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Thursday, Aug. 4, 2011

EDITORIAL

The Nadeshiko effect

Nadeshiko Japan, which became the first Japanese as well as the first Asian team to become the World Cup winner, irrespective of men's or women's soccer, will get another laurel. The team, which was victorious over the heavily favored United States in Frankfurt on July 17, will receive the prestigious People's Honor Award from Prime Minister Naoto Kan on Aug. 18.

The team will be the first organization as well as the first sports team to receive the award, which was institutionalized in 1977.

So far, 18 individuals have received the award, including home-run king Sadaharu Oh; Ms. Naoko Takahashi, gold medalist in the 2000 Sydney Olympics women's marathon; Japanese diva Hibari Misora; and actor Hisaya Morishige. Ms. Misora and Mr. Morishige received the award posthumously.

In view of Nadeshiko Japan's feat, the government's decision to give the award to it is timely and appropriate.

Mr. Yasuhiro Yamashita, gold medalist in the 1984 Los Angeles Olympics judo who received the PHA that year, summed up the significance of Nadeshiko Japan's achievements: "I was greatly moved (by the team's skill and teamwork), my spirits were lifted and encouraged. The team has exerted a great influence on Japanese people as the nation has been steeped in a gloomy mood since the March 11 earthquake and tsunami."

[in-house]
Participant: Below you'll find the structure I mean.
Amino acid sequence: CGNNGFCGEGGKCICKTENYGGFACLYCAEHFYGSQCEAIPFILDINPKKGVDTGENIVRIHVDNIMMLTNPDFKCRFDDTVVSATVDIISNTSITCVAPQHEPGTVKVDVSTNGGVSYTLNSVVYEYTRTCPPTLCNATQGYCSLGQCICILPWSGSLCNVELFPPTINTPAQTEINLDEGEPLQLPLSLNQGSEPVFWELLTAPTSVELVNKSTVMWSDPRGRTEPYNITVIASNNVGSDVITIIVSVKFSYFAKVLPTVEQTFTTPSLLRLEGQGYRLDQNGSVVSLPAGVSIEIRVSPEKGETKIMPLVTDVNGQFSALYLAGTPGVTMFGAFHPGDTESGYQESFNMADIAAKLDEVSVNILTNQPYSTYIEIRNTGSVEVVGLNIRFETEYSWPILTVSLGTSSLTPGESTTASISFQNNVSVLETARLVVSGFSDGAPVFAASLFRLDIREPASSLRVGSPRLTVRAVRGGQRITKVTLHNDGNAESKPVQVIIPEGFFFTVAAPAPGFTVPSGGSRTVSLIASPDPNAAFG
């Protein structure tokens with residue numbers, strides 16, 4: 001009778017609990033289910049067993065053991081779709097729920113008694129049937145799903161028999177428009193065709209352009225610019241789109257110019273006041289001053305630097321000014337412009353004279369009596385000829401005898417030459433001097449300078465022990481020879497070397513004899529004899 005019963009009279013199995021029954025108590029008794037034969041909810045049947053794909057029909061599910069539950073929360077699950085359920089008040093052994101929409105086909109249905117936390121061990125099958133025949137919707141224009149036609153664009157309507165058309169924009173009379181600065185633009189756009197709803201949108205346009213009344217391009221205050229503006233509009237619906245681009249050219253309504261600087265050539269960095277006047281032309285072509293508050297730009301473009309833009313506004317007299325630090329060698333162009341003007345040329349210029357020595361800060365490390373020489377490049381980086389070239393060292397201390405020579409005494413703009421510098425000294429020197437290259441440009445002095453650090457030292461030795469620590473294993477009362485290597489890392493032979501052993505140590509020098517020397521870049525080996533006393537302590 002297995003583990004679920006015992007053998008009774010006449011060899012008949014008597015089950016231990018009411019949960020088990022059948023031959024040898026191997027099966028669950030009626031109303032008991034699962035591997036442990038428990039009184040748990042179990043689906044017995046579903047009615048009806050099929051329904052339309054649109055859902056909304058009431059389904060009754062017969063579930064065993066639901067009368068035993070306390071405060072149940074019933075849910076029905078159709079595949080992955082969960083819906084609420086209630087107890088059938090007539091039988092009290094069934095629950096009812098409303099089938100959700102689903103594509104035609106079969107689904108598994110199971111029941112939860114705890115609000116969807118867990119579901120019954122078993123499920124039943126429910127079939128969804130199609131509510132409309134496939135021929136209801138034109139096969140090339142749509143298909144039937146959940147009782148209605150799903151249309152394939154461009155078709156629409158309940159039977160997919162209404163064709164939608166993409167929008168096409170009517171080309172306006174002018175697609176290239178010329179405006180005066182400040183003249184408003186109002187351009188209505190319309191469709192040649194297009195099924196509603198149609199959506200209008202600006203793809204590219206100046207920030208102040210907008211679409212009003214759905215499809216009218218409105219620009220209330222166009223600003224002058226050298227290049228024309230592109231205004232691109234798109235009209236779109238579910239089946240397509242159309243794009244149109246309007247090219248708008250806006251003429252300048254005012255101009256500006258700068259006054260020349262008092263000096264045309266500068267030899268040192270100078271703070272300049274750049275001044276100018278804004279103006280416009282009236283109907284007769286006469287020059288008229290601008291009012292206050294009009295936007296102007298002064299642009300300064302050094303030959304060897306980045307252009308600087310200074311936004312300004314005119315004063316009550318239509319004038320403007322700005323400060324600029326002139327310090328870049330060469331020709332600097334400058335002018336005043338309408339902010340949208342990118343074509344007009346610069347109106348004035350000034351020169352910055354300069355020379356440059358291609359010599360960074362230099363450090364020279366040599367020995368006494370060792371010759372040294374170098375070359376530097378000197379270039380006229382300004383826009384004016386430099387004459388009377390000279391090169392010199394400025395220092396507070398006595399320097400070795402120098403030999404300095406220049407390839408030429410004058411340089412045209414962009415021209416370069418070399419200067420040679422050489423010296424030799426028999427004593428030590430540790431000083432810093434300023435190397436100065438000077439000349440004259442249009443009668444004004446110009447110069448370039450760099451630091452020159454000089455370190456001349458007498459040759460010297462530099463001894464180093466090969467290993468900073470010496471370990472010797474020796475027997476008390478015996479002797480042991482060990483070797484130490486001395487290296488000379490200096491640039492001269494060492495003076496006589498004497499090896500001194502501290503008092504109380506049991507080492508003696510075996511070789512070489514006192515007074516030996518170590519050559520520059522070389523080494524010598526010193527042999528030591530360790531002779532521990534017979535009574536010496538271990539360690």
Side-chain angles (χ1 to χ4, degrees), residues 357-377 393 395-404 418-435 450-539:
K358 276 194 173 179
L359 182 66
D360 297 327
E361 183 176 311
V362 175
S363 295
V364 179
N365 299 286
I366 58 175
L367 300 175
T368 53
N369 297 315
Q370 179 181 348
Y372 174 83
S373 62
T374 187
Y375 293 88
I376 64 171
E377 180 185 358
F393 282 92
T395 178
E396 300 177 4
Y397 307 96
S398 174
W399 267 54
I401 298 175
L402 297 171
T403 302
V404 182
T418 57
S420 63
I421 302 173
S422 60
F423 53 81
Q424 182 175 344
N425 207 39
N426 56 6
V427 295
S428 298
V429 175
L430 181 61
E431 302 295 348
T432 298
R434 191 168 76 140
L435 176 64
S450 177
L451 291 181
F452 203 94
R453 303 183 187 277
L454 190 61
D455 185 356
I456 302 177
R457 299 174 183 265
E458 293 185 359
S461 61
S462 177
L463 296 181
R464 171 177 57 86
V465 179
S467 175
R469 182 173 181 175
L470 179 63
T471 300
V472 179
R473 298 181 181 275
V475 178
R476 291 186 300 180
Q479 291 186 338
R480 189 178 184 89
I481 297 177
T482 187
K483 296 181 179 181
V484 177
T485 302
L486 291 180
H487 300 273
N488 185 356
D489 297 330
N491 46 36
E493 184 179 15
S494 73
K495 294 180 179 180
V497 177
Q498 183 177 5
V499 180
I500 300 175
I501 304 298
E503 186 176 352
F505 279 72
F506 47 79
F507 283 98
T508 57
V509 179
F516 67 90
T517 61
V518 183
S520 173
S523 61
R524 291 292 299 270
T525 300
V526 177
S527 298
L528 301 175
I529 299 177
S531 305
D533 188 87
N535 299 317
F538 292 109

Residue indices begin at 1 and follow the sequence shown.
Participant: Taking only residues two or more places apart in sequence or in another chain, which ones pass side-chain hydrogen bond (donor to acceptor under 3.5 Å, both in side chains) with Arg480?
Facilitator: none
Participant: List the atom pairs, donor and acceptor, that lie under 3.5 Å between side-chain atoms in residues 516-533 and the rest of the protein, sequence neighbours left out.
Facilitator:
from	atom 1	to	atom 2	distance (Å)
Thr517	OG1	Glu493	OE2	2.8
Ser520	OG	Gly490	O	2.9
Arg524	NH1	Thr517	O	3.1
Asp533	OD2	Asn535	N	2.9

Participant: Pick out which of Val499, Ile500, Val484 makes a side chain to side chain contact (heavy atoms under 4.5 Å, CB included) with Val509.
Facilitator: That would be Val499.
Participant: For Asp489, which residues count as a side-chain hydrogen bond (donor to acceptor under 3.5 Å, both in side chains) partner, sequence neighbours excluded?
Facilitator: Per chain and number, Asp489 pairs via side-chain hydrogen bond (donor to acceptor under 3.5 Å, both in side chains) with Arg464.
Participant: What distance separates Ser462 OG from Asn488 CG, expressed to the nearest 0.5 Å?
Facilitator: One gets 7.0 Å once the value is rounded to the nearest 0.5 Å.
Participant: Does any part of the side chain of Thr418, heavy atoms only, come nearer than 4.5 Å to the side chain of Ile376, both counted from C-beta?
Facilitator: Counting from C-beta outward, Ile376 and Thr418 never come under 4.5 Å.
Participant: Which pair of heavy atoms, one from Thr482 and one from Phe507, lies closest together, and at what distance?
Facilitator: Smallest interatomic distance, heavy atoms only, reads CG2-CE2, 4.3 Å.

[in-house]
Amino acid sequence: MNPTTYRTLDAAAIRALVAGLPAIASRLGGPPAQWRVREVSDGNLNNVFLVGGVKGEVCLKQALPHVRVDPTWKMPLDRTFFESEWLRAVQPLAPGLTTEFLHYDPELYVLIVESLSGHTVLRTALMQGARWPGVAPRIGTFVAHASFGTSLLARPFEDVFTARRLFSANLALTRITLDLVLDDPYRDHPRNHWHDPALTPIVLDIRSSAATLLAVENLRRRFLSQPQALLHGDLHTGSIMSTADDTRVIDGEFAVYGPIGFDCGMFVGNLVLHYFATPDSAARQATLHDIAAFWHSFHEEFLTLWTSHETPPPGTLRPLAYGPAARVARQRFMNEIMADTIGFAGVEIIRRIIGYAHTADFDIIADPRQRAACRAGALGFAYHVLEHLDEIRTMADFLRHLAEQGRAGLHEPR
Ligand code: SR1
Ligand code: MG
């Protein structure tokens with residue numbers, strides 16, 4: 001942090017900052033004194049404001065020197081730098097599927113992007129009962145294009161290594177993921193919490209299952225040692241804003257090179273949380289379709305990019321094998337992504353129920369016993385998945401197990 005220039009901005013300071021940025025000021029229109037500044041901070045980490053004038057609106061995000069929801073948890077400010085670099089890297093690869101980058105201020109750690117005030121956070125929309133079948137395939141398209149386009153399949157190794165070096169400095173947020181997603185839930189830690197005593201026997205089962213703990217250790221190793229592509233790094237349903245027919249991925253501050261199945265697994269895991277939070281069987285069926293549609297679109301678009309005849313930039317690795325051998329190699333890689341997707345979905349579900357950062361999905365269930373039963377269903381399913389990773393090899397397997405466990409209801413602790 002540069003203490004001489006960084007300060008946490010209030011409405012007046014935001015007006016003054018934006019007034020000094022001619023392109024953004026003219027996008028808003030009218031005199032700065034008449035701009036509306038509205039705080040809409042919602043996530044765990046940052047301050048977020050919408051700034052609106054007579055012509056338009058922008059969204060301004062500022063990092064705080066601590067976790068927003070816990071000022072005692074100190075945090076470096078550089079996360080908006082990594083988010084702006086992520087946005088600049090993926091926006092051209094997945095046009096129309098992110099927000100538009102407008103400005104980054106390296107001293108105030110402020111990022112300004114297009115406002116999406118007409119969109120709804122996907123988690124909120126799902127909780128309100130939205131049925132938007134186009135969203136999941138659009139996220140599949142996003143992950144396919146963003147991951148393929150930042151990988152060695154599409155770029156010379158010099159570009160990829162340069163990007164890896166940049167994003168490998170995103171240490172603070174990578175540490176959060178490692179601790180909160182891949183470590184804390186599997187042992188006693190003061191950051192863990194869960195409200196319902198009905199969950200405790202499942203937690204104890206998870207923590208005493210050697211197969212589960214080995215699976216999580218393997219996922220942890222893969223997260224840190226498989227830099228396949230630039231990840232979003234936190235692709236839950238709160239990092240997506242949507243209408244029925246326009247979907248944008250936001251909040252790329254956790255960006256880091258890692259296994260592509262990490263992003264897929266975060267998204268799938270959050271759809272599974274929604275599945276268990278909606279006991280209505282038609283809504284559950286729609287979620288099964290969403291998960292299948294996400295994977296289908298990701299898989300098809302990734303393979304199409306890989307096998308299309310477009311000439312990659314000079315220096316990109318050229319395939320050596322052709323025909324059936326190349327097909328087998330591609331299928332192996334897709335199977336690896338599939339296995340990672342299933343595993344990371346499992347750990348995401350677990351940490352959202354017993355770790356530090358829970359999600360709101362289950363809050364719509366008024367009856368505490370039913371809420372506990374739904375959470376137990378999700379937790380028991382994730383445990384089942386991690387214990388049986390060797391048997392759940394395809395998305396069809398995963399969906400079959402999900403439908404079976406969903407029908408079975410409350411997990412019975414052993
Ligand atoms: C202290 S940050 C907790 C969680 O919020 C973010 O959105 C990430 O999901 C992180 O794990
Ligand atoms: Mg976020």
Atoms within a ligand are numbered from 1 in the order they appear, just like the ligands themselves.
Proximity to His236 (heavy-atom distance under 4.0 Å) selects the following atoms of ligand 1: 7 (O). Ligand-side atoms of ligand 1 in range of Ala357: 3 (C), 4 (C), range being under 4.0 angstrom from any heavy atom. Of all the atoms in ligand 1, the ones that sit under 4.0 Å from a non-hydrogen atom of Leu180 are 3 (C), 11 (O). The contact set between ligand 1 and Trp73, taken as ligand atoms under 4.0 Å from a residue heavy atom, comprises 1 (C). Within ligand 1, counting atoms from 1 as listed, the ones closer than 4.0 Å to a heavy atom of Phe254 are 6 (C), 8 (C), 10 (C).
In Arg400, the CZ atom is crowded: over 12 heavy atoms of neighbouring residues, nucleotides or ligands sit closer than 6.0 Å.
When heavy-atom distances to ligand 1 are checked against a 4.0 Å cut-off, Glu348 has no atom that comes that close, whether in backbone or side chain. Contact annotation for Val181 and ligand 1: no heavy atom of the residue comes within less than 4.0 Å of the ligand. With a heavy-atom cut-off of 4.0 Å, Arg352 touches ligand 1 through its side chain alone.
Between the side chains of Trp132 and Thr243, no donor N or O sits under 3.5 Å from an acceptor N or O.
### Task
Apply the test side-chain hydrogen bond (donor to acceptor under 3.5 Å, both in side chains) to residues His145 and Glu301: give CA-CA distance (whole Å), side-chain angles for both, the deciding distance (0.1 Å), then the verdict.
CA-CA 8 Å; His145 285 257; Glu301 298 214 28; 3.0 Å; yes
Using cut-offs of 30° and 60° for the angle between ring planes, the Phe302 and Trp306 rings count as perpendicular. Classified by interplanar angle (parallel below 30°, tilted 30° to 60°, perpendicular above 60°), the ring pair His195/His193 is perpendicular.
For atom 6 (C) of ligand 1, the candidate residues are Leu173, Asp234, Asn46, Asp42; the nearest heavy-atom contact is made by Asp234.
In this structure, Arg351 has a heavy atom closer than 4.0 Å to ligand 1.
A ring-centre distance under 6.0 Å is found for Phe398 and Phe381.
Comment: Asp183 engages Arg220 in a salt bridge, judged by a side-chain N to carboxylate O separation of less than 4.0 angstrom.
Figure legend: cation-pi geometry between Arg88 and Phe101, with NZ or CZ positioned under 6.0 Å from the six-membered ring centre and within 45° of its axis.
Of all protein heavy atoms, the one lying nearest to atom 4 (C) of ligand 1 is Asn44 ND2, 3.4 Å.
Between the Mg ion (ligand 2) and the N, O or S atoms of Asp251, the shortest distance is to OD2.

Mr. Norio Sasaki, the team's coach, said, "I believe that the team fought together with the people of Japan and this has brought us the award."

The award will give a boost to women's soccer in Japan, whose foundation is not very strong. After Japan's women's team failed to make the 2000 Sydney Olympics, women's soccer fell into a difficult period. Many players on club teams have had to support themselves by taking part-time jobs.

The Japan Football Association plans to increase the number of women soccer players to 300,000 by 2015. But in fiscal 2010, only about 37,000 women were registered. Education minister Yoshiaki Takaki said that his ministry will develop concrete steps to promote women's soccer.

The most important thing would be to nurture soccer players among junior and senior high school female students. More soccer fields should be built to attract girls to the sport.



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